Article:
What is most disturbing about the emergence Monday of a video showing former Baltimore Ravens player Ray Rice punching out his future wife in an Atlantic City elevator in February is what it says about society’s willingness to kid itself about — and look away from — domestic violence.

What had taken place inside the elevator already had been evident from an earlier video, which showed Rice dragging the limp body of the woman, Janay Palmer, from the elevator. But that seemed of little concern to Baltimore’s NFL team, which stood by Rice and even suggested that Palmer might share responsibility for what happened. Fans rewarded him with cheers and standing ovations. The National Football League gave Rice a slap on the wrist (although, to its credit, it later admitted its leniency had been a mistake and put in place tougher rules).

All of this making allowances for Rice suddenly ended Monday with the release of the stomach-churning video of the actual punch. Within hours of the video being posted on TMZ.com, the Ravens terminated Rice’s contract and cut him loose, and the NFL suspended him indefinitely. The time for excuses and looking the other way was over; never mind the hypocrisy of their earlier acceptance of Rice.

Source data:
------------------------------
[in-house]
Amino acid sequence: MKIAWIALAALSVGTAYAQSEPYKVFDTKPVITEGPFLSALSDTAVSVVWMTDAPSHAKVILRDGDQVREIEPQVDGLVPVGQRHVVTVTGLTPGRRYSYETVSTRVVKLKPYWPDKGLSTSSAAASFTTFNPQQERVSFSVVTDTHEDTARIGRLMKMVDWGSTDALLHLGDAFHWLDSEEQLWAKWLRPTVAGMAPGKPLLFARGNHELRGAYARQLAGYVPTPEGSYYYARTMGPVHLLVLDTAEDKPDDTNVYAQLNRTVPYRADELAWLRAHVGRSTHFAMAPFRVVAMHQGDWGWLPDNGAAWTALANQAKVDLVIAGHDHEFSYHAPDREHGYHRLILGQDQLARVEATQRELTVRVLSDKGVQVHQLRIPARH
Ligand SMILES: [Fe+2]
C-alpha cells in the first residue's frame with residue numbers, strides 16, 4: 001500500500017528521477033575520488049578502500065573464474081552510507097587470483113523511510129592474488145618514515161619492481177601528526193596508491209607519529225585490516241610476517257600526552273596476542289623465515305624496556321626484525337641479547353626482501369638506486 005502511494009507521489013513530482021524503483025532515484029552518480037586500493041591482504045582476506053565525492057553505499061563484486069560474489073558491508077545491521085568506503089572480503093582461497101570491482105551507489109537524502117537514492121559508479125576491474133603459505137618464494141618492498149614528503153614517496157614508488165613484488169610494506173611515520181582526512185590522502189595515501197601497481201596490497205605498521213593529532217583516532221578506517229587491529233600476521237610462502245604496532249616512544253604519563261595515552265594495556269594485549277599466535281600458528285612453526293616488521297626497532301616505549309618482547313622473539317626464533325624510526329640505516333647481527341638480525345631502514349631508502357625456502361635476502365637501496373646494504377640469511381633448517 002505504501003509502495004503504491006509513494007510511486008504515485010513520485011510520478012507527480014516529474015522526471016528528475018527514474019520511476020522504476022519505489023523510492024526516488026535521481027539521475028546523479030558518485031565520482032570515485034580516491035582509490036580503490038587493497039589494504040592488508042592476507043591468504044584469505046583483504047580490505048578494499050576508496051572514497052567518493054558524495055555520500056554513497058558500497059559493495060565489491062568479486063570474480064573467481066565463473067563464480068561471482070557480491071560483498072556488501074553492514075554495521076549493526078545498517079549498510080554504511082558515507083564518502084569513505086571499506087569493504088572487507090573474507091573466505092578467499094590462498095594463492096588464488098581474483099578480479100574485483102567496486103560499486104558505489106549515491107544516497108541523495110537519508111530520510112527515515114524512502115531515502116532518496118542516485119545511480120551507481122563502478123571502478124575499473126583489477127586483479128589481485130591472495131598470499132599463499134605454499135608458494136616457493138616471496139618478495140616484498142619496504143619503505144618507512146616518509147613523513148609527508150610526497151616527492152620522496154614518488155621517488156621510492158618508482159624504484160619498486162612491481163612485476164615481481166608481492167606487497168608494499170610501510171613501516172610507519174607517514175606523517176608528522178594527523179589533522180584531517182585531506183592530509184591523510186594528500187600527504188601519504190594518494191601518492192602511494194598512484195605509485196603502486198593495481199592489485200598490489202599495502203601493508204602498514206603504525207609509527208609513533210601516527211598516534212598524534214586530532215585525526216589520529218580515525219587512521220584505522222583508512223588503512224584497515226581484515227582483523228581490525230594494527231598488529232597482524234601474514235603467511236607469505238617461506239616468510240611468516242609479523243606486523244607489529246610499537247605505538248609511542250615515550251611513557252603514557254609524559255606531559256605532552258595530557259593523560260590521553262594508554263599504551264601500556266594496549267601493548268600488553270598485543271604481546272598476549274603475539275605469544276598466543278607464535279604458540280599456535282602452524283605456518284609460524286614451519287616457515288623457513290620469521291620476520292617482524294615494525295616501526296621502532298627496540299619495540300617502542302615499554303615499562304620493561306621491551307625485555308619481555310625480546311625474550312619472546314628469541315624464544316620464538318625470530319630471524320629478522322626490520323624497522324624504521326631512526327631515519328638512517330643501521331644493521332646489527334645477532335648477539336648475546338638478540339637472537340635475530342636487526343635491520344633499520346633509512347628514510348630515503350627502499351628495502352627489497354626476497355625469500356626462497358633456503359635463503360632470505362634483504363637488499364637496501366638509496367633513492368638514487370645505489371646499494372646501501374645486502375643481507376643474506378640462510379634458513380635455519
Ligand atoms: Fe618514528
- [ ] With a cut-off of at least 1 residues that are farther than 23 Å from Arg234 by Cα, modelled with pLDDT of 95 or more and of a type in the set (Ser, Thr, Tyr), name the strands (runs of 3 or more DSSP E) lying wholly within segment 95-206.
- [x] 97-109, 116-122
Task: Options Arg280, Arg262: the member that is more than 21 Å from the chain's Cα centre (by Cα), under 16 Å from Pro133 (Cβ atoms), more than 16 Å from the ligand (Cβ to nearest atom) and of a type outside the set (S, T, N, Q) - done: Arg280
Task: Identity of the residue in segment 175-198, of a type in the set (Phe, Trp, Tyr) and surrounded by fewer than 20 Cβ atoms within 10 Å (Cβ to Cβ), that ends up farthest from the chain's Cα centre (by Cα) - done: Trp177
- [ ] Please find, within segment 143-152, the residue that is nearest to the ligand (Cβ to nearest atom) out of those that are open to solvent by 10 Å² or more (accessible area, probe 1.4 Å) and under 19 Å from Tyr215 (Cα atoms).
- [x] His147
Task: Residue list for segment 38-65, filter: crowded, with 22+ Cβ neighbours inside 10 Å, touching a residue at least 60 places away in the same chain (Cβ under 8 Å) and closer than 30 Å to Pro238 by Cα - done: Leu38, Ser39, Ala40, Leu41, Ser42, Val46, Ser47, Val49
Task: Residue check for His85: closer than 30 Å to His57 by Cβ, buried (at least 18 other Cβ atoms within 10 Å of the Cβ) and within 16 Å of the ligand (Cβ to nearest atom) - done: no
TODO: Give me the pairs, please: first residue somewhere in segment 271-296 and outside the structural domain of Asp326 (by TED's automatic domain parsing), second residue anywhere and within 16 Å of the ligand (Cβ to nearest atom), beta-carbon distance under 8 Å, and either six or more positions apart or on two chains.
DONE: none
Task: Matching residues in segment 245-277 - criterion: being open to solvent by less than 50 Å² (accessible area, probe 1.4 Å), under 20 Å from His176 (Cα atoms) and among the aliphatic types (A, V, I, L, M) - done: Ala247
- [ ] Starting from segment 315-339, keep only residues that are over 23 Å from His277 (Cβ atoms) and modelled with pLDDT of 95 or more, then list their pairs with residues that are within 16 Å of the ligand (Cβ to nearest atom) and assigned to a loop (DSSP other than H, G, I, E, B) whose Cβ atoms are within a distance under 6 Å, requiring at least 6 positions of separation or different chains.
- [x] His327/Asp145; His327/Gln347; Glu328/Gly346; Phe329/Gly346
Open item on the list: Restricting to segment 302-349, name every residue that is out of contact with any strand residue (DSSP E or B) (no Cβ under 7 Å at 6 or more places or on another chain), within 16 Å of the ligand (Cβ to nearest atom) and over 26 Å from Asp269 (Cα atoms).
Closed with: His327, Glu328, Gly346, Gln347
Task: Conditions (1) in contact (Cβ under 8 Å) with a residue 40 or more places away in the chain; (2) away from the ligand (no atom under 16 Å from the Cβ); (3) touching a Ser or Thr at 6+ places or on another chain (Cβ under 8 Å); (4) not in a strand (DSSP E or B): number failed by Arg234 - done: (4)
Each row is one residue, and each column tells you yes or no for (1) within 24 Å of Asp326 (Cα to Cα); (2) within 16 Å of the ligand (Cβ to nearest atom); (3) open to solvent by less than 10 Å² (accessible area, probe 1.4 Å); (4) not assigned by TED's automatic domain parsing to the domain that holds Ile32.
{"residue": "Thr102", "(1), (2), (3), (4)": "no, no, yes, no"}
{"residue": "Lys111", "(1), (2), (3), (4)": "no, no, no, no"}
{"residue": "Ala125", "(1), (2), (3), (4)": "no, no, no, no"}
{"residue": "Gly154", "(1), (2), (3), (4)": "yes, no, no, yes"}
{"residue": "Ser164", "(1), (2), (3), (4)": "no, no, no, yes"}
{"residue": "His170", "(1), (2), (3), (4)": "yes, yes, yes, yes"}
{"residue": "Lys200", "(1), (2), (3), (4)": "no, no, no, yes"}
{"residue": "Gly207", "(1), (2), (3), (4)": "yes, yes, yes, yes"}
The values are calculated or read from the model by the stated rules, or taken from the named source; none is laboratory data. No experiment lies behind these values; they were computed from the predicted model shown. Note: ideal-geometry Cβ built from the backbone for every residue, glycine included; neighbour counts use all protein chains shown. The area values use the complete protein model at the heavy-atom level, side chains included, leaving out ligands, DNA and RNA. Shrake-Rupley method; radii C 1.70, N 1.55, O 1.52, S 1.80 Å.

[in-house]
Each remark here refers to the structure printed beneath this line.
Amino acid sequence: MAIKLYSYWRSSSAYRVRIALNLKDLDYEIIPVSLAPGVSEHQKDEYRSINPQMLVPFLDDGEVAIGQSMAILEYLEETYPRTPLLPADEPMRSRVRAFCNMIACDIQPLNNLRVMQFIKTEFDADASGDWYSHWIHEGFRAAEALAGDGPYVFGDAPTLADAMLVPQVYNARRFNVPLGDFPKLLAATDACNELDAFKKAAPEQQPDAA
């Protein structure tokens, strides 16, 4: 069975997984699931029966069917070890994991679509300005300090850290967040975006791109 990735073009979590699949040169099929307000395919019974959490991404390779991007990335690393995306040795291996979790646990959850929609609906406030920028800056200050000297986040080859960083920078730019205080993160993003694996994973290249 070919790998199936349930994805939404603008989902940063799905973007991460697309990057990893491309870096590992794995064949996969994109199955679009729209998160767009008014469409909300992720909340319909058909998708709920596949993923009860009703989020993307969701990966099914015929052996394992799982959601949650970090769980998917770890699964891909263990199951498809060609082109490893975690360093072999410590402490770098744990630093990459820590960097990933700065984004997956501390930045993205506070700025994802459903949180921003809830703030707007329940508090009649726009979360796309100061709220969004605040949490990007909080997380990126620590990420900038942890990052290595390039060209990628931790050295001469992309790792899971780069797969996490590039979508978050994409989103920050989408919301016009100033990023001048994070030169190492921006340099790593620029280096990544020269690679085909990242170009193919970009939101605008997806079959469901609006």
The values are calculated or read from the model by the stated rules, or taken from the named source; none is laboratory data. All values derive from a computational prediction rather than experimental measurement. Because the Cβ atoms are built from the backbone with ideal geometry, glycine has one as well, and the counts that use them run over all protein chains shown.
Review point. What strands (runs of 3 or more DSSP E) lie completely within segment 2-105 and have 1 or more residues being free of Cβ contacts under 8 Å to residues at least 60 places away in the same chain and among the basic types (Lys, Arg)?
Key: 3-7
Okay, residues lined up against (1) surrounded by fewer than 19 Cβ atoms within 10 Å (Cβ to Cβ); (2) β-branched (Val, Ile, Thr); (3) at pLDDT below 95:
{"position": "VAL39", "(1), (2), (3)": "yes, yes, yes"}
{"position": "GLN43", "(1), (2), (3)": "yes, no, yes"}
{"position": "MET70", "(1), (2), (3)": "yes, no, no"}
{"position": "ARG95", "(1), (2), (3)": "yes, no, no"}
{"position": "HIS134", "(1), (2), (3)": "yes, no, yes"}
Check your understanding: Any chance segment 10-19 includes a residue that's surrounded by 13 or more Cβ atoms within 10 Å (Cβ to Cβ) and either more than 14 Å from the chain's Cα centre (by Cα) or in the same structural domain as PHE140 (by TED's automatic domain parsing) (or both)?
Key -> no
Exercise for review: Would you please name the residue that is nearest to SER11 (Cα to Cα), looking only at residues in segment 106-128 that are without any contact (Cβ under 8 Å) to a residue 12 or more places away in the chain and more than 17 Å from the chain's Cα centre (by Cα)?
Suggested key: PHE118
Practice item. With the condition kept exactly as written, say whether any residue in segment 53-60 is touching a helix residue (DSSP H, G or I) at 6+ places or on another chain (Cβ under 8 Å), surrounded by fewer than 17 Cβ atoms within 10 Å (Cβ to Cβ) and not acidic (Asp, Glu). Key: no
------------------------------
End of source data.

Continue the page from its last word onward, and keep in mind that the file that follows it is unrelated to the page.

Domestic violence is a fact of life for too many people. And too often their suffering is compounded by a tendency by outsiders to disbelieve them, belittle the harm or try to explain it away.

There are lessons to be learned from what happened in that elevator, and not just for the NFL. Namely: This is what domestic violence looks like, and you shouldn’t need a video to believe it, be disgusted by it and refuse to tolerate it.

Editorial by The Washington Post

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